The Washington PostDemocracy Dies in Darkness

In one memoir, stories of two outsiders in small-town Louisiana

Roy Hudgins, an enigmatic figure in Delhi, La., was rumored to be a woman living as a man. Author Casey Parks set out to discover more about Hudgins’s life. (Casey Parks/The Washington Post)
5 min

By the third page of Casey Parks’s memoir, “Diary of a Misfit: A Memoir and a Mystery,” she’s shown how and where she doesn’t belong. Unable to console her mother about how her gayness jeopardizes her family’s fate in small-town Louisiana, the teenager retreats: “The rest of the day passed in a blur. I ate banana pudding alone in the carport. I read Beowulf in the backyard.” The day may have felt foggy, but Parks recounts it with acutely vivid details that will resonate with anyone who’s felt that they don’t fit in.

Parks’s facility as a vivid storyteller comes as no surprise. Readers familiar with her work in the New Yorker and the New York Times Magazine know her as a thoughtful, precise journalist who communicates her characters’ humanity and the stakes of a story through evocative details. In her debut book, she focuses on her complicated relationship with the family members who passed on to her their skill with storytelling — and the challenging character who first made her want to use it. While both narratives are compelling, Parks’s writing shines in the story that she can meticulously report: her own.

Despite its title, “Diary of a Misfit” is about two misfits: Parks herself and Roy Hudgins, an enigmatic character who lived in the town of Delhi (pronounced “Dell-HIGH”), La. In the 1950s, the story goes, a neighbor made a deathbed confession to Parks’s great-grandmother: Her son, Roy, was “a woman who lived as a man.” Hudgins was a self-described town misfit, mowing lawns, playing music on his porch, living and dying alone. (Throughout the book, Parks questions how to gender Hudgins; following her lead, this review uses male pronouns.)

When Parks’s grandmother first tells her about Hudgins as a response to her sexuality, the story fascinates the young aspiring reporter, now a staff writer at The Washington Post. Over the next decade, she returns again and again to Hudgins’s story as a proxy for her own fears: Did his family love him? Was he happy? How can you preserve faith and community in an unaccepting church? Is home where we always belong?

Parks is an exceptional chronicler of her family and experience. She leans into the beats of stories she’s expertly honed over the years, like the indelible image of her mother, a pregnant bride, throwing up on the preacher at her wedding. She manages the rare feat of writing about her family with both an awareness of its flaws and a respect for privacy. She chooses revealing anecdotes carefully, alluding to family challenges that aren’t hers to share. A self-described listener, she chronicles her pain at a remove; when she writes about being whipped as a kid, it’s as a detached reporter. Some scenes feel straight out of Mary Karr, but without the raw rancor. She ends a chapter on her engagement with a quietly devastating kicker: “All I remember about what I’d imagined would be the biggest day of my life is dialing my mom’s number over and over again, listening to a robot tell me she had no space available.”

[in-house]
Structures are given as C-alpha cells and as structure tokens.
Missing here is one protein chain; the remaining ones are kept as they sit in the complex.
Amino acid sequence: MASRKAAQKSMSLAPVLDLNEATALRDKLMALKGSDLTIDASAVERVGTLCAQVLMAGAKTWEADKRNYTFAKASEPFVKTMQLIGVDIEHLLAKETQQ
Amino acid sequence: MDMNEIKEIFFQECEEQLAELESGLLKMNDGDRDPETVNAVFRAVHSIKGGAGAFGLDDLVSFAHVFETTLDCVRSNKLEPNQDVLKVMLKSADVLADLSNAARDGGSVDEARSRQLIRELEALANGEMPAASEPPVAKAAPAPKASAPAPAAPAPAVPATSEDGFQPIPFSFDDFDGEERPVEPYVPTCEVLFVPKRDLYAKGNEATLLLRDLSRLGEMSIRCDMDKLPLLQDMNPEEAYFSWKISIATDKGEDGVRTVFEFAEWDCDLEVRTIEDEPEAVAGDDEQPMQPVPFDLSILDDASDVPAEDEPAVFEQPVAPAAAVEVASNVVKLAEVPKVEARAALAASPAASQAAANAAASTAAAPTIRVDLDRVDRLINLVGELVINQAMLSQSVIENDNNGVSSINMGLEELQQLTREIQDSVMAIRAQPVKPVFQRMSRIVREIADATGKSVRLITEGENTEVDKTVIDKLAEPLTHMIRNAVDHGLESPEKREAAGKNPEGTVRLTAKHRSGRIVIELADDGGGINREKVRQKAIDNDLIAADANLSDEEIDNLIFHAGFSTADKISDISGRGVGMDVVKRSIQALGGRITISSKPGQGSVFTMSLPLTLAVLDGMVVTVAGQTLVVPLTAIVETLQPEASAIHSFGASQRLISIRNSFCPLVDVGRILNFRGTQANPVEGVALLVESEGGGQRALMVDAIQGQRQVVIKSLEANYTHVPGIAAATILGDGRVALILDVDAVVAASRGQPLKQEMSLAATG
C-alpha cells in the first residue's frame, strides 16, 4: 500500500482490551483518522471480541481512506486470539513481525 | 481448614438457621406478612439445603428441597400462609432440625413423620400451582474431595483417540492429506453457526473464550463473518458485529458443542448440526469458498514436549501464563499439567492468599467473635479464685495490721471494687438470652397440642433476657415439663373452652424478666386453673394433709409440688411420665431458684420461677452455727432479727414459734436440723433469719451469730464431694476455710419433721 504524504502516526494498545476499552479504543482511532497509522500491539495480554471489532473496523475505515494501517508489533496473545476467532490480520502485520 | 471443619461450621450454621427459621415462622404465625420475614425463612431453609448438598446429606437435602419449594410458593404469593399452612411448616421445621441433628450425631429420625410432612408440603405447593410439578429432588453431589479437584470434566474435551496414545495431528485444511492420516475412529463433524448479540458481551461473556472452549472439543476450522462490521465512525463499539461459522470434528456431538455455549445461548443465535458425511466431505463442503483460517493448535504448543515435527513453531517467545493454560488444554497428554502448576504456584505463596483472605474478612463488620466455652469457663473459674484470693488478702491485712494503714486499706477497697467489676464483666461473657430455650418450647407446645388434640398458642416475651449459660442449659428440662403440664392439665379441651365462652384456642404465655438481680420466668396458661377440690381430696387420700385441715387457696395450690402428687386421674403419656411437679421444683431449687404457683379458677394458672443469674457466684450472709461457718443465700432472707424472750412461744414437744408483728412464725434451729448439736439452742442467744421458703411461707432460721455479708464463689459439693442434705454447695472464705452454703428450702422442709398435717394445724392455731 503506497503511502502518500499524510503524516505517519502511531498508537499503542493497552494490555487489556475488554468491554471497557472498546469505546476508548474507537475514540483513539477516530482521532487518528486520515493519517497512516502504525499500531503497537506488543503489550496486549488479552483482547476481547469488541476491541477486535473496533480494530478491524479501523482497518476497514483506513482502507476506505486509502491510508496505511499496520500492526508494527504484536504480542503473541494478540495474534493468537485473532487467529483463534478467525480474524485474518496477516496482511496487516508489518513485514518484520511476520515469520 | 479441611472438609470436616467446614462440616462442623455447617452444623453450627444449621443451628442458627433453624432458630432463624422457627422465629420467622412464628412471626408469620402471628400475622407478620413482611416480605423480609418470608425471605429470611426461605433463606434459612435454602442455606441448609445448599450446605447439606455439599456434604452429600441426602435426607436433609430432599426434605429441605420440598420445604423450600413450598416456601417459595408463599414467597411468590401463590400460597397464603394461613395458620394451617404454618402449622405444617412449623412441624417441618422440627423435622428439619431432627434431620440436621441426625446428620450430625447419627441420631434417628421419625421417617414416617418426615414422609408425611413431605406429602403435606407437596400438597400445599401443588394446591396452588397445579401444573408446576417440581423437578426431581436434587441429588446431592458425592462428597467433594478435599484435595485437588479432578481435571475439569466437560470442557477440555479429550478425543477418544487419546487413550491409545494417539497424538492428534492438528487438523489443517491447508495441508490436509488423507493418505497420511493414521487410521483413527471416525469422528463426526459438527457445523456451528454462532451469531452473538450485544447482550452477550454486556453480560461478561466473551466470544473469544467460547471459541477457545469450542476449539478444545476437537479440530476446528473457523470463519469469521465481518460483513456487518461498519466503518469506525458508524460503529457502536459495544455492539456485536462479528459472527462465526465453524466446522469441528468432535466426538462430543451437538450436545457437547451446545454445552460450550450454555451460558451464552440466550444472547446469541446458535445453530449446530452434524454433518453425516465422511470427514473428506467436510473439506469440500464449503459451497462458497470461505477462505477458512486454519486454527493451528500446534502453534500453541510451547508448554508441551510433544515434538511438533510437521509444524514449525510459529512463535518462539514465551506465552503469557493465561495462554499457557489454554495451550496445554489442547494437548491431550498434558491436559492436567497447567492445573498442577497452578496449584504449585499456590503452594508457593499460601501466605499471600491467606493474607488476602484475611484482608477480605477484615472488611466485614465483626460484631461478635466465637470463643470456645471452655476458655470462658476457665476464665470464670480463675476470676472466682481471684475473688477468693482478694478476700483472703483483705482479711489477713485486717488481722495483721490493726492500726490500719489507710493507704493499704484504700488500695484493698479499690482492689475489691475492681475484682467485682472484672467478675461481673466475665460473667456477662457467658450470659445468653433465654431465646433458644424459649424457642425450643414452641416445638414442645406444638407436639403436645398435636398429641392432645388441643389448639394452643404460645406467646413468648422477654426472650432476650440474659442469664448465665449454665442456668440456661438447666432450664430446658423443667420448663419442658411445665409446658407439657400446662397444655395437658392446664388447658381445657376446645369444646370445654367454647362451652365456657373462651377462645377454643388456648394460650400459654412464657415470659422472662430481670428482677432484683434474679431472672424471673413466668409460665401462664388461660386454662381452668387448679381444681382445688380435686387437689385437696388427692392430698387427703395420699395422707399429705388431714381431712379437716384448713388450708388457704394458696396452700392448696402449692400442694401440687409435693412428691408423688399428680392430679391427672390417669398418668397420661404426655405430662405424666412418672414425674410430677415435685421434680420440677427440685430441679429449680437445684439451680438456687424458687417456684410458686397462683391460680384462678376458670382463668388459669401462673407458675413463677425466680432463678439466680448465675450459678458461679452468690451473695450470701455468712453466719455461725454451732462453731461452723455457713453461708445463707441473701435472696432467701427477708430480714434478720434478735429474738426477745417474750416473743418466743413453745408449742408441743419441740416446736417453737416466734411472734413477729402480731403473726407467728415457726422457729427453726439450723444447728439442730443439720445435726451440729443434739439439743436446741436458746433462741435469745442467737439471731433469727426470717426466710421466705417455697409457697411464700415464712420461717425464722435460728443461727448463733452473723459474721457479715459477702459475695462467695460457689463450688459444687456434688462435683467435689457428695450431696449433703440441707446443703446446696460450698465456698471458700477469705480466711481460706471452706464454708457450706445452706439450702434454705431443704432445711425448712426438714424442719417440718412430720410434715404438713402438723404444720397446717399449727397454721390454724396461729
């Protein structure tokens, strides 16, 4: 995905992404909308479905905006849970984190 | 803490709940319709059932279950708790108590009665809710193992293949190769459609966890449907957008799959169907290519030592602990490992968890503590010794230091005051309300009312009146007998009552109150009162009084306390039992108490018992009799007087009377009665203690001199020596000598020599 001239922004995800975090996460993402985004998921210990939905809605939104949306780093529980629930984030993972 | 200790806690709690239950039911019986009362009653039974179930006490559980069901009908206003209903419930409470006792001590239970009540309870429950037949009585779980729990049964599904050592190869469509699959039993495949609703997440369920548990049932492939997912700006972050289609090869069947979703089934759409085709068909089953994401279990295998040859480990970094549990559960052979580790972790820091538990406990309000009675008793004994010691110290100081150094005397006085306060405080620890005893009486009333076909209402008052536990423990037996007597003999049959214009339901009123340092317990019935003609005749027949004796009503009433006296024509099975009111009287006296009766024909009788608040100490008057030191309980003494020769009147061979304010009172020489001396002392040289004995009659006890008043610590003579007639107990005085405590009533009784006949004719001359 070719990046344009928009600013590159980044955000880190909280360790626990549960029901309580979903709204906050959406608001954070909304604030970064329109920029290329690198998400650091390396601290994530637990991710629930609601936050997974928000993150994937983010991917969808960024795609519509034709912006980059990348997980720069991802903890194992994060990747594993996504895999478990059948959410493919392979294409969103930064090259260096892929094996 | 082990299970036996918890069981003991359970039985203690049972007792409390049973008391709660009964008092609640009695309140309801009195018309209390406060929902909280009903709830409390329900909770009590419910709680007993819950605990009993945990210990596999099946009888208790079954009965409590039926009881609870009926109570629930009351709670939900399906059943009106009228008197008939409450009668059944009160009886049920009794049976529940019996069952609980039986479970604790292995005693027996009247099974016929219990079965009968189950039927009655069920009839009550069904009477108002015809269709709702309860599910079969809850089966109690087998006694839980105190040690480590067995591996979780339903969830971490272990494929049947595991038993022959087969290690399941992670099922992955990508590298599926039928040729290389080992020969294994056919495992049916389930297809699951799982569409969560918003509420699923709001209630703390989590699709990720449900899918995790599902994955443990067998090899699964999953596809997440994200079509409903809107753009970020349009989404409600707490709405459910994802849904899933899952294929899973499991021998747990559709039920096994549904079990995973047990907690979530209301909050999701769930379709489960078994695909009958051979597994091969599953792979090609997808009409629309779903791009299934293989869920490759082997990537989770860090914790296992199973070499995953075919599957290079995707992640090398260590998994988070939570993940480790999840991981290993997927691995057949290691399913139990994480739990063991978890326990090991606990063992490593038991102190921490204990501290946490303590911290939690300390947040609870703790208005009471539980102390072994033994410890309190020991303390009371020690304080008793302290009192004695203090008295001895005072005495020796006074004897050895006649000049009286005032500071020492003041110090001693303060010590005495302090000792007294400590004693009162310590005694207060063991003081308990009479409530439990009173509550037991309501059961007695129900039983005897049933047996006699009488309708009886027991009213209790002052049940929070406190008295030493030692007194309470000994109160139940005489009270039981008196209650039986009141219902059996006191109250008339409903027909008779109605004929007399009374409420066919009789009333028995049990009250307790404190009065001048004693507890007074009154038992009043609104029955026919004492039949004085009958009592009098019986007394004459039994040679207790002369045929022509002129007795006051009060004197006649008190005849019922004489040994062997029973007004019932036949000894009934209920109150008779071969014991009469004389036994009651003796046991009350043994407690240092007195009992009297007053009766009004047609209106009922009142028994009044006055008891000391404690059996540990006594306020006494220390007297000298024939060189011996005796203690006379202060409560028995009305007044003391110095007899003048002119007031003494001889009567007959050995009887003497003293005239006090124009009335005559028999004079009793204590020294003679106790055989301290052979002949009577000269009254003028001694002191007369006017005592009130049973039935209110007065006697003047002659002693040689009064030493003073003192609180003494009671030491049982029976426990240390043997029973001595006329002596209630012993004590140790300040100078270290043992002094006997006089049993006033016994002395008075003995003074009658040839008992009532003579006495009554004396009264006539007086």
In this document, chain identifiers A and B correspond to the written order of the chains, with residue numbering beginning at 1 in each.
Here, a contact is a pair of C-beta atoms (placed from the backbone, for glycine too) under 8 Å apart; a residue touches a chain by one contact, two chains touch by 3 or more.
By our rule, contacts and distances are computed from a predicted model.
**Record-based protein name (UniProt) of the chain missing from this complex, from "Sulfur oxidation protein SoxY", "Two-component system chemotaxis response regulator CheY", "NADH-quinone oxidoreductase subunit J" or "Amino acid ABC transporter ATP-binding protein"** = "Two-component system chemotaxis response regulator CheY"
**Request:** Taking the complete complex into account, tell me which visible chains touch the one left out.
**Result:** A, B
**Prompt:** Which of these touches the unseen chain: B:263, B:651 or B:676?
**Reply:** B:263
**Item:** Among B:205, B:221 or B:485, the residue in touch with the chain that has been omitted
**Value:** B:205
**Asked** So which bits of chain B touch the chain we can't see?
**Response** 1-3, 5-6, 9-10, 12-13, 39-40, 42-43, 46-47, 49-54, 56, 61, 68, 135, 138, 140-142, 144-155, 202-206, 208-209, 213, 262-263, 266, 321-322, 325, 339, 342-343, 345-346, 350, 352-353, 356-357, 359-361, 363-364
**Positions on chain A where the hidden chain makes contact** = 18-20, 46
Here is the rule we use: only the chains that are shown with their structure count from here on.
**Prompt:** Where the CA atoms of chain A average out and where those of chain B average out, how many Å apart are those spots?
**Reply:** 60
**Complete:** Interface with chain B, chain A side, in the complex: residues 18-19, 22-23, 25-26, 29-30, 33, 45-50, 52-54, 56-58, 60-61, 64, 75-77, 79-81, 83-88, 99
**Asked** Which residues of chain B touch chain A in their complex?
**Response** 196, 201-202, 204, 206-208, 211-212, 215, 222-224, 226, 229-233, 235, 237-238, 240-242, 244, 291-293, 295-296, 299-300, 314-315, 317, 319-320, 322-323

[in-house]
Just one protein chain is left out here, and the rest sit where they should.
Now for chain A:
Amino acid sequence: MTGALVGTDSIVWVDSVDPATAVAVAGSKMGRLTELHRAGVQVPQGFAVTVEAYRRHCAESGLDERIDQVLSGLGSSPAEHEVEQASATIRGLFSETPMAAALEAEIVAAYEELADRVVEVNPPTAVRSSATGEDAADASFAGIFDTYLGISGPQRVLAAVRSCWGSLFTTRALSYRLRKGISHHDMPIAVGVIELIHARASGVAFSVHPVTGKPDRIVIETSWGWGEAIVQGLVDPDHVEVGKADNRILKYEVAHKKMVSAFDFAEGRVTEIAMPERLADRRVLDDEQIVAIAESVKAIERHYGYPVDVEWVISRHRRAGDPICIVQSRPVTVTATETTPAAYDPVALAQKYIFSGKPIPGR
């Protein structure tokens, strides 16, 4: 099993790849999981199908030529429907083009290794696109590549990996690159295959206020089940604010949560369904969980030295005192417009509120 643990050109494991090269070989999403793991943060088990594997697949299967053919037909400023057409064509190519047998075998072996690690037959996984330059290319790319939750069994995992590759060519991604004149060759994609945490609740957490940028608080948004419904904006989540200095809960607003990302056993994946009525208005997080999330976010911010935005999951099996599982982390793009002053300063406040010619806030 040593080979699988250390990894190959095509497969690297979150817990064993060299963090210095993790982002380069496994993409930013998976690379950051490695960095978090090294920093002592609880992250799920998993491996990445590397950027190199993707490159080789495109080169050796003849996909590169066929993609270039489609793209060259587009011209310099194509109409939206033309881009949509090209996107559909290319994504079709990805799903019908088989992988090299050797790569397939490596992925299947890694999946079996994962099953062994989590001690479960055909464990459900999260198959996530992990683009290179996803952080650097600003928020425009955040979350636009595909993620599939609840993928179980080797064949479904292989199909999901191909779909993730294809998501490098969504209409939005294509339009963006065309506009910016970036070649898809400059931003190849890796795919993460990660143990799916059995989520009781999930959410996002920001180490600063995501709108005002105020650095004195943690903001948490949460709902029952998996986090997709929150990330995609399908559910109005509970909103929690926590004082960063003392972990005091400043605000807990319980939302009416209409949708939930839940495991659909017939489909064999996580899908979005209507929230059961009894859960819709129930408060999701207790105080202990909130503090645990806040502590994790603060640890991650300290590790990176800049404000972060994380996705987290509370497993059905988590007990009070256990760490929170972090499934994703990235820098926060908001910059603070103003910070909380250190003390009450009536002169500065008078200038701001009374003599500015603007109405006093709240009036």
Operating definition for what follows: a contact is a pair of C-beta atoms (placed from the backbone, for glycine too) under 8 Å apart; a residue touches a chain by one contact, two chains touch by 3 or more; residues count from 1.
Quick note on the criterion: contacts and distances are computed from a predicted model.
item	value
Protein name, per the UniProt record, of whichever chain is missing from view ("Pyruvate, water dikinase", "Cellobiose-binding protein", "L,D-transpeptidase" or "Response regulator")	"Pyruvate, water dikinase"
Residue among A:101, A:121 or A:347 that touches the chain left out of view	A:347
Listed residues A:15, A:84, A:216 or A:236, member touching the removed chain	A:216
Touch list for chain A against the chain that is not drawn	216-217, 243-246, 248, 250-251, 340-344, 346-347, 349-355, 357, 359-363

To find the details that make her story such a compelling read, Parks relies on her extensive journals, audio recordings and videos. She shares her obsession with self-documentation with Hudgins, who kept meticulous journals for decades. These spiral-bound journals are the white whale of “Diary of a Misfit,” the key to unlocking Hudgins’s story and, ostensibly, to providing answers to the questions Parks asks herself. Early on, she learns that Hudgins left his notebooks to his former neighbors, Mark and Cheryl. When she approaches them, they refuse to show the writing to her out of respect for his privacy.

Over a decade of visits to Delhi, Parks earns their trust. These return trips are ostensibly about Hudgins, but in her painstaking work to build relationships with largely suspicious Delhi residents, Parks shares her own evolution, as a reporter and a person comfortable with her sexuality and in her own skin. She shares her discomfort with pushing sources; her position as a local turned outsider; her gradual, earned confidence. On her trips from Portland, Ore., to Delhi, Parks often visits her family in nearby West Monroe, and she weaves together her reporting efforts and her evolving relationship with her mother with grace.

Parks struggles to bring that grace to Hudgins’s story. Some of it is the challenging source material — there are scant memories or details of his life to work with. Yet although she conducts ample historical research, combing through census records and newspaper microfiche, she isn’t comfortable conjuring the setting and conditions of Hudgins’s life. As a reader, I longed for a sense of what his life would have been like.

When Parks finally does get hold of the journals, the reveal is anticlimactic. After years of withholding them, Mark and Cheryl let her read them for a few hours, and she reckons with the quotidian sadness of Hudgins’s life. Clearly she hoped for more. After such a prolonged buildup, I wanted more, too: reflection not from Hudgins but from Parks, who occasionally seems like the reluctant subject of her own memoir.

“People write, I think, because they want to be understood and remembered,” Parks writes. At the end of “Diary of a Misfit,” despite the reveal of his journals, Hudgins’s life remains an incomplete contour. When it comes to his story, Parks raises questions that she ultimately shies away from. But while her commitment to reported detail leaves Hudgins’s story a mystery, it makes Parks’s memoir a compelling triumph.

Charley Locke is a writer who often covers elders and kids.

Diary of a Misfit

A Memoir and a Mystery

By Casey Parks

Knopf. 368 pp. $29